“I don’t know if you deserve me,” the pontiff formerly known as Lenny Belardo tells the horrified crowd in St. Peter’s Square at the end of his bonkers first homily. Neither do we, Lenny, neither do we. Two episodes in, and The Young Pope shines like a city on a hill – a beacon of madcap brilliance, savage humor, and go-for-broke filmmaking excess right when we need it most. It’s a light in the darkness, even if it ends with its title character in a very dark place. We mean that both literally and metaphorically.
The bulk of the episode concerns Pope Pius XIII‘s preparations for his all-important first address to the faithful, his single greatest opportunity to stir souls … and fill coffers. According to Sofia (an intensely glamorous Cécile de France), the Vatican’s smooth-talking, Harvard-educated marketing wizard, this is the moment to have merch bearing the new Holy Father’s extremely handsome face ready to roll.
After scoffing at her Ivy League education, an institution he sees as a symbol of decline, Lenny offers his counter-proposal. Citing famously faceless artists from J.D. Salinger to Daft Punk, he argues that he can make a much bigger impact by becoming an “Invisible Pope” – never photographed or filmed, seen only in shadow and silhouette. Sofia had thus far seen her considerable expertise and charm fall on deaf ears; at one point, Belardo actually just got up and left the disastrous meeting. (“To get a gun, I imagine,” jokes his exasperated nemesis Cardinal Voiello.) Now, however, she perks up. This “reverse hyperbole” is something she can sell.
At least she thinks it is, until she actually watches it in action. Tossing Voiello’s lovely and optimistic script for the address out the window, Pius takes to the balcony of St. Peter’s Basilica, backlit like a supervillain whose identity has yet to be revealed. Instead of offering a message of hope and love and optimism, he rants like a madman. “You have forgotten God!” he yells. “I am closer to God than I am to you. You need to know I will never be close to you, because everyone is alone before God. I have nothing to say to those who have even the slightest doubt about God. All I can do is remind them of my scorn, and their wretchedness.”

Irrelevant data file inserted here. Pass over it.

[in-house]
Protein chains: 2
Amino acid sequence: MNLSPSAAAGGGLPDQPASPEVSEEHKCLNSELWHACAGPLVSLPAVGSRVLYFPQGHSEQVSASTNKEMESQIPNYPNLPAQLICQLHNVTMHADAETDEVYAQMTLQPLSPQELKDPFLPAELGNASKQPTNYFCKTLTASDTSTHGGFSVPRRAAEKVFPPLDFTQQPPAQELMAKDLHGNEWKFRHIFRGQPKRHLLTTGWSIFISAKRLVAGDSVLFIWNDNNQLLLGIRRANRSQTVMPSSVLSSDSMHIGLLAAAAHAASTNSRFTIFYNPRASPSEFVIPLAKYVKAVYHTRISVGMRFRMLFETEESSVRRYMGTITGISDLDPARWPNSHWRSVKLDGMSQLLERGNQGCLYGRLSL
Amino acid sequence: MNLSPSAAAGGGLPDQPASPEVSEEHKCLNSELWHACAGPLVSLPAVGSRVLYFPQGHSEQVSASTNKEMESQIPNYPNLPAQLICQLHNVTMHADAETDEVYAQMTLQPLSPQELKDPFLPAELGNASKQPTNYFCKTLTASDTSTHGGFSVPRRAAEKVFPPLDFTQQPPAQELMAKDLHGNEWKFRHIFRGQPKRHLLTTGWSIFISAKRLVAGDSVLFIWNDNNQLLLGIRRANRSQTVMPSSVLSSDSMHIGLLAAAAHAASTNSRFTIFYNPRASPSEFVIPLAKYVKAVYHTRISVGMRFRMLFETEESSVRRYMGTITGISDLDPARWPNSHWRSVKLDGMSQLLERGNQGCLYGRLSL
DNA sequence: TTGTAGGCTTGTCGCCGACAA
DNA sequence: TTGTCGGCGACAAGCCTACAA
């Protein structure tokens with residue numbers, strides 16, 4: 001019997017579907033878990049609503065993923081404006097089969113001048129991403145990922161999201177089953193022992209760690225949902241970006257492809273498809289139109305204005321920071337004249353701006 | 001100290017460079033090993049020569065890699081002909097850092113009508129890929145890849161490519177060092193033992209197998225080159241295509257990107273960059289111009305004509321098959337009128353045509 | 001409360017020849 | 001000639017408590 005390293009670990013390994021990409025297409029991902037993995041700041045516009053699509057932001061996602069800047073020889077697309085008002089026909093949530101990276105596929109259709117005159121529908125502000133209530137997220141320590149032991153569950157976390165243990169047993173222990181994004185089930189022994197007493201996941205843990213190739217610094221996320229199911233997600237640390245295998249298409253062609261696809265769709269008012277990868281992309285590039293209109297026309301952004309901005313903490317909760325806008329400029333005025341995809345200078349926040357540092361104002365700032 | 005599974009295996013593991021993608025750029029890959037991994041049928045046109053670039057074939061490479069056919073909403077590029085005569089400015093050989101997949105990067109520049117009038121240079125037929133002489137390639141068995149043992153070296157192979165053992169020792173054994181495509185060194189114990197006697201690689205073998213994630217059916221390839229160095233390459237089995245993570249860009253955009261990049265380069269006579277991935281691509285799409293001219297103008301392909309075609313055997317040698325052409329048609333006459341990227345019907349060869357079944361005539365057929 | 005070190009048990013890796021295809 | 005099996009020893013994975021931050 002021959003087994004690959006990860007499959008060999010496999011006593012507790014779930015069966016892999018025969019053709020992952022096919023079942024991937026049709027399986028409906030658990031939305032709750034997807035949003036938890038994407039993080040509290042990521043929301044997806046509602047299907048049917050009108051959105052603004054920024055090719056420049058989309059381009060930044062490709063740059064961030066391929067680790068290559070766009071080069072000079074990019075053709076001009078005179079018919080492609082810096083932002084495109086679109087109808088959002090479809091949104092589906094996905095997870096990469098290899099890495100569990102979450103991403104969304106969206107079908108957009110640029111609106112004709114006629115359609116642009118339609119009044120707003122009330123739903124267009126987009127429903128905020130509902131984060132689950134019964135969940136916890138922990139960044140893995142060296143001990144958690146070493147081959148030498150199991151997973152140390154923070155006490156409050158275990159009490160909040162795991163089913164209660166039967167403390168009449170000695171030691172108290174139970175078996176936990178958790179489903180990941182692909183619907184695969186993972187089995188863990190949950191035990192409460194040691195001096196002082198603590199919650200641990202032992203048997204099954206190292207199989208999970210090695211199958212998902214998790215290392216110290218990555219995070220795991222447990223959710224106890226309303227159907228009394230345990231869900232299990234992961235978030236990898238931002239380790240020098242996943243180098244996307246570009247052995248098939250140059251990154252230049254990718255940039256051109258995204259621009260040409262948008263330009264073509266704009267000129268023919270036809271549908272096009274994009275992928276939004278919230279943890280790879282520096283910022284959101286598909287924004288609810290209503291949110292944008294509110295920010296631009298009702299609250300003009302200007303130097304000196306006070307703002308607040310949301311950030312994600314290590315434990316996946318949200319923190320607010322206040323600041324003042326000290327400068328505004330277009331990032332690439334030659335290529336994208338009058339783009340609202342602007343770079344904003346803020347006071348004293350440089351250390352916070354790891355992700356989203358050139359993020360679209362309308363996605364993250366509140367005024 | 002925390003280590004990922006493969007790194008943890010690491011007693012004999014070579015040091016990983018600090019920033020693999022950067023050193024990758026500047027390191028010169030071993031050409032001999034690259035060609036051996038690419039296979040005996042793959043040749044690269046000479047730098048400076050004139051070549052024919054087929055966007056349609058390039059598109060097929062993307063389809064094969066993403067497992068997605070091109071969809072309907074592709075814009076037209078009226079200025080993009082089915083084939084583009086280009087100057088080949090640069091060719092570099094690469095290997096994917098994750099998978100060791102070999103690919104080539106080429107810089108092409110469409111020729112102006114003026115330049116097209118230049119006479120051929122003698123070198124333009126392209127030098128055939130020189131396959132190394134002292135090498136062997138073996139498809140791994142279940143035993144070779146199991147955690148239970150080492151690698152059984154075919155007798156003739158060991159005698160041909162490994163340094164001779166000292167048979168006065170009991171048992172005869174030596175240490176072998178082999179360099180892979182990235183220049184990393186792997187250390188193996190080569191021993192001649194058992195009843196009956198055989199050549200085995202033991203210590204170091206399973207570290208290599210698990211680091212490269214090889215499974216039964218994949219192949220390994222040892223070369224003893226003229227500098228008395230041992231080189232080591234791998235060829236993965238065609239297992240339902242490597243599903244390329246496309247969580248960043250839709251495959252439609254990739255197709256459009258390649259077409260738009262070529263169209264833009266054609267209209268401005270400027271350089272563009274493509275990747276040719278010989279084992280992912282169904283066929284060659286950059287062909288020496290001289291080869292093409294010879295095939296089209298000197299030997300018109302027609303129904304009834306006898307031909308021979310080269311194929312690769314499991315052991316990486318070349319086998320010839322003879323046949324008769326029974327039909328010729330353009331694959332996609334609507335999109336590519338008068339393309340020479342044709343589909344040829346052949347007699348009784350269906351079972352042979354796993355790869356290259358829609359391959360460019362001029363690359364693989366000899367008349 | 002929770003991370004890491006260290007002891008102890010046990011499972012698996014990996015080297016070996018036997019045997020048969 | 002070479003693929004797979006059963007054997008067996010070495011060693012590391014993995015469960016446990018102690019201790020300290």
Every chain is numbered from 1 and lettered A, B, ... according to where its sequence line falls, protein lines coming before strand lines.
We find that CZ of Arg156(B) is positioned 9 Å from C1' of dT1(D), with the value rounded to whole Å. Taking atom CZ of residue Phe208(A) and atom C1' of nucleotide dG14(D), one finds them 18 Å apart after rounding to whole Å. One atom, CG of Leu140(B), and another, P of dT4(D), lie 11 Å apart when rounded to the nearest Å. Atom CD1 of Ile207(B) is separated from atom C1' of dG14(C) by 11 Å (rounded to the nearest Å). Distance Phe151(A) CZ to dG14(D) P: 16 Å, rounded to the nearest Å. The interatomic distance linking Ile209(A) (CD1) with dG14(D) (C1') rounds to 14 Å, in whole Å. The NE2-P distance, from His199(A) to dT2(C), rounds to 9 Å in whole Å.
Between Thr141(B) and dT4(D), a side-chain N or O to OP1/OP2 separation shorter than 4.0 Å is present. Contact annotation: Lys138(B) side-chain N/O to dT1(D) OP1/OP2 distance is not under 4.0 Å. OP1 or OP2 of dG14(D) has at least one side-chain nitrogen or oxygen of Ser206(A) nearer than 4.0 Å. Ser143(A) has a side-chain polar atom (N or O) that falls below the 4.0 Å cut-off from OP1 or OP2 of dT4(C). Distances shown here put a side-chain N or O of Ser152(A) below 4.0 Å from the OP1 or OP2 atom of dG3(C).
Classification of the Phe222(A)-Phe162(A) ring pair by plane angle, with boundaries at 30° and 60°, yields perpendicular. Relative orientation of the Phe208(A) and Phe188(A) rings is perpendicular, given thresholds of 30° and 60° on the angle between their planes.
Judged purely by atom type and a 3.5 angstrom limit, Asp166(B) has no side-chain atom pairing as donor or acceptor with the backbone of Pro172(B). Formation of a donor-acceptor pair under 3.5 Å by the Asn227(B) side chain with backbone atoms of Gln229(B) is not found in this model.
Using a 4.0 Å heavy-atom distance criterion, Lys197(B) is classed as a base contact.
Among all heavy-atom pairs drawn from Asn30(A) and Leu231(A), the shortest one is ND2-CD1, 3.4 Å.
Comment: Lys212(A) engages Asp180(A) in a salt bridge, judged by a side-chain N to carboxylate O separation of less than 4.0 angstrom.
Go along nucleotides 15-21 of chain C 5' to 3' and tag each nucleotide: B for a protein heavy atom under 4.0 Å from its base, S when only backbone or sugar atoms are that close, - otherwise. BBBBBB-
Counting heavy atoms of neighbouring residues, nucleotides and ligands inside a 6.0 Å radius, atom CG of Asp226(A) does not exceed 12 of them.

It goes on like that from there – a call to Catholic extremism of the sort we haven’t seen since the Middle Ages. And before some wiseacre’s laser pointer drives him from the balcony, it ends with Pius drawing a more or less direct equivalence between him and the Lord Himself. “You wanna look me in the face?” he taunts a member of the audience. “Go see God first. I won’t help you. I’m not gonna show you the way. Search for it. Find it. When you’ve found God, perhaps you will see me as well.” As the speech ends, a thunderstorm erupts, as if the Man Upstairs is as aghast as everyone else. You can all but hear church pews and donation boxes emptying all over the world.
The irony is that for all his lunatic arrogance, Lenny spends a surprising amount of screen time in doubt and disarray. Sure, he can bully the likes of Secretary of State Voiello and Sofia, or use his spy Don Tomasso to rat out dissident cardinals who say his right-hand woman Sister Mary is “the real pope.” But he nearly drives her away when he publicly humiliates her for praising the Secretary’s draft speech and using his real name. He’s fuming with resentment for Cardinal Dussolier, Mary’s other orphan protégé (whom she encouraged to call her “Ma,” the exact opposite of how she raised Lenny.) He begs his estranged mentor Cardinal Spencer for help with the speech; instead, the older man tears the kid a new one for usurping what he sees as his rightful place at the top.
By the same token, Lenny’s rivals are given a surprisingly respectful treatment. The closing scene shows Voiello sobbing in the arms of a disabled kid he regularly visits, asking him to “help me atone for all the wrong I’ll have to do in order to save the Church.” In other words, he’s not just some House of Cards schemer – he cares about the Catholic faith. He’s terrified for its future under Belardo, and wracked with guilt over the sins he’ll need to commit to combat his boss. Meanwhile, elsewhere in the Vatican, Pius forces Cardinal Assente, a high-ranking official who’d opposed him in the conclave, to out himself as gay, ruining his career in the process.
In other words, this Pope is not just gonna be evil in fun, cool ways – he’s going to be a genuine piece of shit, and in the sort of politicized fashion that the typical prestige-TV audience may have trouble swallowing. Yet at the same time, this deeply unpleasant scene does contain the episode’s funniest gag. When the pontiff hits the switch under his desk to summon an assistant to cut off the meeting, her excuse is so transparently lame – “Time for your snack, Holy Father” – that he laughs out loud.
That’s the beauty of The Young Pope: Like all truly great television shows, it trusts its audience enough to risk alienating us. What will people make of this episode’s most bizarre scene, in which Pius supernaturally soothes a savage … kangaroo? It’s so truly, madly, deeply odd, and showrunner Paolo Sorrentino has no interest in softening the blow. You make your peace with an exquisitely campy series about a chain-smoking homophobic tyrant who looks to the band behind “Get Lucky” and “One More Time” for stylistic inspiration; who was raised by a nun who thinks he’s a saint but wears a t-shirt reading “I’m a Virgin, but This Is an Old Shirt” to bed; and who can calm rogue Australian wildlife like, as Voiello puts it in his thick Italian accent, “Saint Francis of-a Sydney.” Or you don’t. If the meme-able moments make it all sound silly, well, remember when an O.J. Simpson show from the creator of Glee starring John Travolta, David Schwimmer, and Cuba Gooding Jr. sounded silly, too? We rest our case.
Previously: Heat Pray Love